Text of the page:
A preferred source of the amide and imide containing compounds which may be employed herein and which contain an amine group or which may be converted to a salt thereof are obtained from acylated nitrogen compositions. The acylated nitrogen compositions are typically prepared such that they contain a relatively polar group and a relatively oleophilic group. The oleophilic group contains a substantially hydrocarbon substituent and is described as follows.
The substantially hydrocarbon substituent of the acylated nitrogen compositions preferably should be substantially free from large oil-solubilizing pendant groups, i.e., groups having more than about 6 aliphatic carbon atoms. While some large oil-solubilizing pendant groups may be present, they preferably should be present in proportions less than about one such group for every 25 aliphatic carbon atoms in the main hydrocarbon chain. A higher proportion of large pendant groups impairs the effectiveness of the acylated nitrogen compositions as additives in hydrocarbon oils.
The substantially hydrocarbon substituent may contain polar substituents provided, however, that the polar substituents are not present in proportions sufficiently large to alter significantly the hydrocarbon character of the radical. The polar substituents are exemplified by chloro, bromo, keto, ethereal, aldehydo, and nitro, etc. The upper limit with respect to the proportion of such polar substituents in the radical is approximately 10% based on the weight of the hydrocarbon portion of the radical.
The sources of the substantially hydrocarbon substituent include principally the high molecular weight substantially saturated petroleum fractions and substantially saturated olefin polymers, particularly polymers of mono-olefins having from 2 to about 30 carbon atoms. The especially useful polymers are the polymers of 1-mono-olefins such as ethylene, propene, 1-butene, isobutene, 1-hexene, 1-octene, 2-methyl-1-heptene, 3-cyclohexyl-1-butene and 2-methyl-5-propyl-1-hexene. Polymers of medial olefins, i.e., olefins in which the olefinic linkage is not at the terminal position, likewise are useful. They are illustrated by 2-butene, 3-pentene, and 4-octene.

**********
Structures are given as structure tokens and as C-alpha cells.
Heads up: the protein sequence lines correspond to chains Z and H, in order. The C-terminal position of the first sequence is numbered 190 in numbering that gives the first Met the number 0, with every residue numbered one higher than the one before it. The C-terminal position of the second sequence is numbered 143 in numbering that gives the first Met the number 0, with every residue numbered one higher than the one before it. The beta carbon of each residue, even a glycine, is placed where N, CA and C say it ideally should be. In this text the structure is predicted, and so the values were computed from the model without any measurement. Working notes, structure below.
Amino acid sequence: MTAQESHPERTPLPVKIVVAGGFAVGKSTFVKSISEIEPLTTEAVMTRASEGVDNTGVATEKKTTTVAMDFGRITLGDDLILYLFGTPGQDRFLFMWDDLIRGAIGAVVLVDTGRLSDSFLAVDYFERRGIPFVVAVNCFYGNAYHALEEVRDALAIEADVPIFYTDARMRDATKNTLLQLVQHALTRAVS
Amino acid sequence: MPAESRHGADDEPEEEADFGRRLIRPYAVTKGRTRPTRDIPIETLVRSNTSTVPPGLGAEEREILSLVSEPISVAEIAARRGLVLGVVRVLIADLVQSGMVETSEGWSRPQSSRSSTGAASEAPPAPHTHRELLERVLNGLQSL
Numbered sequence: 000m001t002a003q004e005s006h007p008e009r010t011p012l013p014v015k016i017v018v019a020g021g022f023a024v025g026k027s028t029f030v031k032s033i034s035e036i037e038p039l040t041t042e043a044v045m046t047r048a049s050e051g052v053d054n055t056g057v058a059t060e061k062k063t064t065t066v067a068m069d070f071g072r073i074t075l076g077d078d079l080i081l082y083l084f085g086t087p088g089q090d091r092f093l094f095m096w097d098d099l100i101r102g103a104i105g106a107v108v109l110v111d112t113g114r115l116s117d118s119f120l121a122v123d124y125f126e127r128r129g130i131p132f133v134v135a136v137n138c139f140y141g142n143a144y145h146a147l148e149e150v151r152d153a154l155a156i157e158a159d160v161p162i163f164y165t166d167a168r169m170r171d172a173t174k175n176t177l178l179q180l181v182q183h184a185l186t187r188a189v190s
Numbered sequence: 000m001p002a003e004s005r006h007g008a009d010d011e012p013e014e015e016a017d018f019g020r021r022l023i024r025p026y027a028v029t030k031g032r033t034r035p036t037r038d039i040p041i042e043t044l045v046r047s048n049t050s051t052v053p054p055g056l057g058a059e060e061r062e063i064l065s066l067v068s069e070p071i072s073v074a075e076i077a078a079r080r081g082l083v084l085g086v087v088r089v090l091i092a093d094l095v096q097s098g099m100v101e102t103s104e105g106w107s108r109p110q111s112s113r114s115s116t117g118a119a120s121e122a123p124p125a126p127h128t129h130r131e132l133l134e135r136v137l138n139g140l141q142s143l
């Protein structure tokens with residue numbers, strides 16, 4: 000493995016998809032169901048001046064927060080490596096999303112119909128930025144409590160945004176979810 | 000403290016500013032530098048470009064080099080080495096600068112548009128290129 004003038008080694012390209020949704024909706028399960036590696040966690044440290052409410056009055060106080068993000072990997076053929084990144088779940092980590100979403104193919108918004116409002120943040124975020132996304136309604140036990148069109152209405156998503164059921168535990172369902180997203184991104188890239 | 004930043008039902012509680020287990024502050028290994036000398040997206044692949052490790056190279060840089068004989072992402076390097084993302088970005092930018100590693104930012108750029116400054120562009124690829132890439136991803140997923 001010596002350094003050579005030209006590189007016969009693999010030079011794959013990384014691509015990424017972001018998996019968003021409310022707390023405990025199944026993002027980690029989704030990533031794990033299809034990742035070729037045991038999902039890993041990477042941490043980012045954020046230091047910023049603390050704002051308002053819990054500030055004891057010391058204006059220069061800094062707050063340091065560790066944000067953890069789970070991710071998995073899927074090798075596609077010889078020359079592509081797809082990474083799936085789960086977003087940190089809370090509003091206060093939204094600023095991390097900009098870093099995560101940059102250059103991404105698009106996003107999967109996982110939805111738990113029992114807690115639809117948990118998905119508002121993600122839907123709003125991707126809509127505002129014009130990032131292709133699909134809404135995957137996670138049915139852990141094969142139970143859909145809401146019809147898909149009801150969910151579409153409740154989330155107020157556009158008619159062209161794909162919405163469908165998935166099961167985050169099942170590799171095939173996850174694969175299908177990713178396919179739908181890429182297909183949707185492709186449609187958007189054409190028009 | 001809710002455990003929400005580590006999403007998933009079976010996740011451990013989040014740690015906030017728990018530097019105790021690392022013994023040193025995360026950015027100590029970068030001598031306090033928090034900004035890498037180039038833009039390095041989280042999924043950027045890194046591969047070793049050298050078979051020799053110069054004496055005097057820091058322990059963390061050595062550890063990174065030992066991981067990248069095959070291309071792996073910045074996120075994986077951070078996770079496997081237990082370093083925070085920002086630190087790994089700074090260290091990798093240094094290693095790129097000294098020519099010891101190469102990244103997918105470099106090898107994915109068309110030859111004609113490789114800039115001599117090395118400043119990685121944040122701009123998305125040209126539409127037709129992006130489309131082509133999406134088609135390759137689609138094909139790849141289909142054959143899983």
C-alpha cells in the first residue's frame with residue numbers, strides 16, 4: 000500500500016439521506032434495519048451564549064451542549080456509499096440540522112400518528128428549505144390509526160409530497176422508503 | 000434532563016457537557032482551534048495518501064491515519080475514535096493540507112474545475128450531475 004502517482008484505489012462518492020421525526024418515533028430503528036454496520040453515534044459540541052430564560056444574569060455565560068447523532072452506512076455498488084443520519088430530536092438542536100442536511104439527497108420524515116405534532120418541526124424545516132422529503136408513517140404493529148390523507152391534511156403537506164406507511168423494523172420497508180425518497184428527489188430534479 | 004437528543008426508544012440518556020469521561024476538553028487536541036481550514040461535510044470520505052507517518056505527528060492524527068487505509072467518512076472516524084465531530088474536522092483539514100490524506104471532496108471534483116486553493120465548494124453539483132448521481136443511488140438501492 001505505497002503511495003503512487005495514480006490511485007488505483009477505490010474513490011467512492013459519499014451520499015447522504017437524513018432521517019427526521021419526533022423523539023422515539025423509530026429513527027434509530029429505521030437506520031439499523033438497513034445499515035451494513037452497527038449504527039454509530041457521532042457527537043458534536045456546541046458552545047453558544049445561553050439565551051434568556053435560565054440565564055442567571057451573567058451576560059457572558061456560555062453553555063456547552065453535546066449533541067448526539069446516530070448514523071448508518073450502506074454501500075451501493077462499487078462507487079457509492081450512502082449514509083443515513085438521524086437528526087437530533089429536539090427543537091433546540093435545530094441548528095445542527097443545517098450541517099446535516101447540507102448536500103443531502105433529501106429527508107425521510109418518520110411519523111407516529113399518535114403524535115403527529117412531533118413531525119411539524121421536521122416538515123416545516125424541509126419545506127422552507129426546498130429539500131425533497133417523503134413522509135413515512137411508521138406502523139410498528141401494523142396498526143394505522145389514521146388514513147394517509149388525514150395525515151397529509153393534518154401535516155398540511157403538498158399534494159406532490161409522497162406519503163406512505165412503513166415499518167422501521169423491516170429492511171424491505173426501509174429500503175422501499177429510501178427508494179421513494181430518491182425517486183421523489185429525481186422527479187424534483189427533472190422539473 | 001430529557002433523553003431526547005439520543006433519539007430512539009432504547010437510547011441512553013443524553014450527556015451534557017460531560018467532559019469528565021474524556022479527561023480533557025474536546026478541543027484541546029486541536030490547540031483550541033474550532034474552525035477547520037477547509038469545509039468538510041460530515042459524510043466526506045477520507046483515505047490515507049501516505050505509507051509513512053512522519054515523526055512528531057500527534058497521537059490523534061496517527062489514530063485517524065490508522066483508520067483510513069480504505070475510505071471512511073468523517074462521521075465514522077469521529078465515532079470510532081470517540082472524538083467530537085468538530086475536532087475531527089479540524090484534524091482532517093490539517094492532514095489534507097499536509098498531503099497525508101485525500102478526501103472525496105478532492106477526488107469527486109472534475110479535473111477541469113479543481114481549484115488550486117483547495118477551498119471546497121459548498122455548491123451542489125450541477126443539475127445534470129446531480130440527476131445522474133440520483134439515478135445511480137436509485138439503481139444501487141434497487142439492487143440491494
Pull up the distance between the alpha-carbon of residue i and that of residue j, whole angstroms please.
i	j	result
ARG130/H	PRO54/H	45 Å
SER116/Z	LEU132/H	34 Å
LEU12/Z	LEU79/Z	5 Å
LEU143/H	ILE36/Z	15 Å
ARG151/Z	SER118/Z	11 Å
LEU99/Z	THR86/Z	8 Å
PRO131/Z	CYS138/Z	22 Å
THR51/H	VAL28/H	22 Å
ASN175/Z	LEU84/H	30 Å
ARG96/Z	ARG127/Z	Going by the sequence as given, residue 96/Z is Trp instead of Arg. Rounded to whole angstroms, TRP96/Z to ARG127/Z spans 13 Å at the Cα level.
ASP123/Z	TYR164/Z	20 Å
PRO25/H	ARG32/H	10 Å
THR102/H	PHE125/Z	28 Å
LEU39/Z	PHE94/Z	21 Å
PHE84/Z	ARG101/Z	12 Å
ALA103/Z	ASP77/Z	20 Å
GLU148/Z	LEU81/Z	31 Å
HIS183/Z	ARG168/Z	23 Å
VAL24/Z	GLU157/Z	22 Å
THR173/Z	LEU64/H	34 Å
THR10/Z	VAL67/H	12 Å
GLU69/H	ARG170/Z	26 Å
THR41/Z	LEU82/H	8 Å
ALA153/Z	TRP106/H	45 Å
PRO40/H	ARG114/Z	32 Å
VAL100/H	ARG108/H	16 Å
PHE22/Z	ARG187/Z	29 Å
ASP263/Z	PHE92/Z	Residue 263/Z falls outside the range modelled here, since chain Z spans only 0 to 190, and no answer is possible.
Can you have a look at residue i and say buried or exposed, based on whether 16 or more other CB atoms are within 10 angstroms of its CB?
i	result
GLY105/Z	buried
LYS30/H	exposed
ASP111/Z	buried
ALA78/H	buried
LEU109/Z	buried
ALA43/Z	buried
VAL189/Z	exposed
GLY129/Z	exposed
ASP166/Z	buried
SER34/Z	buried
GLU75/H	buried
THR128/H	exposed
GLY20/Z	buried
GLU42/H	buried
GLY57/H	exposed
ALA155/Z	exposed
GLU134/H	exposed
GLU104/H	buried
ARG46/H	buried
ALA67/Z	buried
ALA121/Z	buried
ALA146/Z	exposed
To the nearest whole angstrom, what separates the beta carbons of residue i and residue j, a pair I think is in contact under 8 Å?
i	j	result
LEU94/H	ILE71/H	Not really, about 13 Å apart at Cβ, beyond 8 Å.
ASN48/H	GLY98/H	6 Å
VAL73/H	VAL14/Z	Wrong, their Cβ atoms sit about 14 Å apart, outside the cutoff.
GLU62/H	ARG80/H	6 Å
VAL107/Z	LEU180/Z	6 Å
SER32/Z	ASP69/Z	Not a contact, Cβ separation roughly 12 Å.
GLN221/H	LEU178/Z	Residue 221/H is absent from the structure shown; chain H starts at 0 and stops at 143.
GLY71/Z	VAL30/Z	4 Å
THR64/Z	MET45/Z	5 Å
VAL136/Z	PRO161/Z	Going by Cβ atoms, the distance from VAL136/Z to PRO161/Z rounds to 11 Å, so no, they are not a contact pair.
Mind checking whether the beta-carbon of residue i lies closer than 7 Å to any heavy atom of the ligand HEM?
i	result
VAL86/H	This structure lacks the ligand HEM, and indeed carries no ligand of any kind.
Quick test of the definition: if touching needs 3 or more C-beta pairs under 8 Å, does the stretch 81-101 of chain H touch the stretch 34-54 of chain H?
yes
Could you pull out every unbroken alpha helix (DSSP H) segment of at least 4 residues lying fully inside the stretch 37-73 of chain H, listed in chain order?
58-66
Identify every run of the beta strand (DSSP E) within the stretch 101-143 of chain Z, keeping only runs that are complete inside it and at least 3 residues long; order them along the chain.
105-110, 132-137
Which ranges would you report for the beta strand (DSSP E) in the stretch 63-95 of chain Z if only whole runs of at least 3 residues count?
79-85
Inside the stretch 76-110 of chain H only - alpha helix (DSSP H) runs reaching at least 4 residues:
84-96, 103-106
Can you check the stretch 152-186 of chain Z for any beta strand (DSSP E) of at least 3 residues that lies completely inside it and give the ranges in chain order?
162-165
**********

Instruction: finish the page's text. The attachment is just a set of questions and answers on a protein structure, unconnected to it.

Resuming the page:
Also useful are the interpolymers of the olefins such as those illustrated above with other interpolymerizable olefinic substances such as aromatic olefins, cyclic olefins, and polyolefins. Such interpolymers include, for example, those prepared by polymerizing isobutene with styrene; isobutene with butadiene; propene with isoprene; ethylene with piperylene; isobutene with chloroprene; isobutene with p-methyl styrene; 1-hexene with 1,3-hexadiene; 1-octene with 1-hexene; 1-heptene with 1-pentene, 3-methyl-1-butene with 1-octene; 3-3-dimethyl-1-pentene with 1-hexene; isobutene with styrene and piperylene; etc.
The relative proportions of the mono-olefins to the other monomers in the interpolymers influence the stability and oil-solubility of the final acylated nitrogen compositions derived from such interpolymers. Thus, for reasons of oil-solubility and stability the interpolymers contemplated for use in this invention should be substantially aliphatic and substantially saturated, i.e., they should contain at least about 80%, preferably at least about 95% on a weight basis of units derived from the aliphatic mono-olefins and no more than about 5% of olefinic linkages based on the total number of carbon-to-carbon covalent linkages. In most instances, the percentage of olefinic linkages should be less than about 2% of the total number of carbon-to-carbon covalent linkages.
Specific examples of such interpolymers include the copolymer of 95% (by weight) of isobutene with 5% of styrene, terpolymer of 98% of isobutene with 1% of piperylene and 1% of chloroprene; terpolymer of 95% of isobutene with 2% of 1-butene and 3% of 1-hexene; terpolymer of 60% of isobutene with 20% of 1-pentene and 20% of 1-octene; copolymer of 80% of 1-hexene and 20% of 1-heptene; terpolymer of 90% of isobutene with 2% of cyclohexene and 8% of propene; and copolymer of 80% of ethylene and 20% of propene.
Another source of the substantially hydrocarbon radical comprises saturated aliphatic hydrocarbons such as highly refined high molecular weight white oils or synthetic alkanes such as are obtained by hydrogenation of high molecular weight olefin polymers illustrated above or high molecular weight olefinic substances.
The use of olefin polymers having molecular weight of about 750-5000 is preferred. Higher molecular weight olefin polymers having molecular weights from about 10,000 to about 100,000 or higher have been found to impart also viscosity index improving properties to the acylated nitrogen compositions of this invention. In many instances the use of such higher molecular weight olefin polymers is desirable.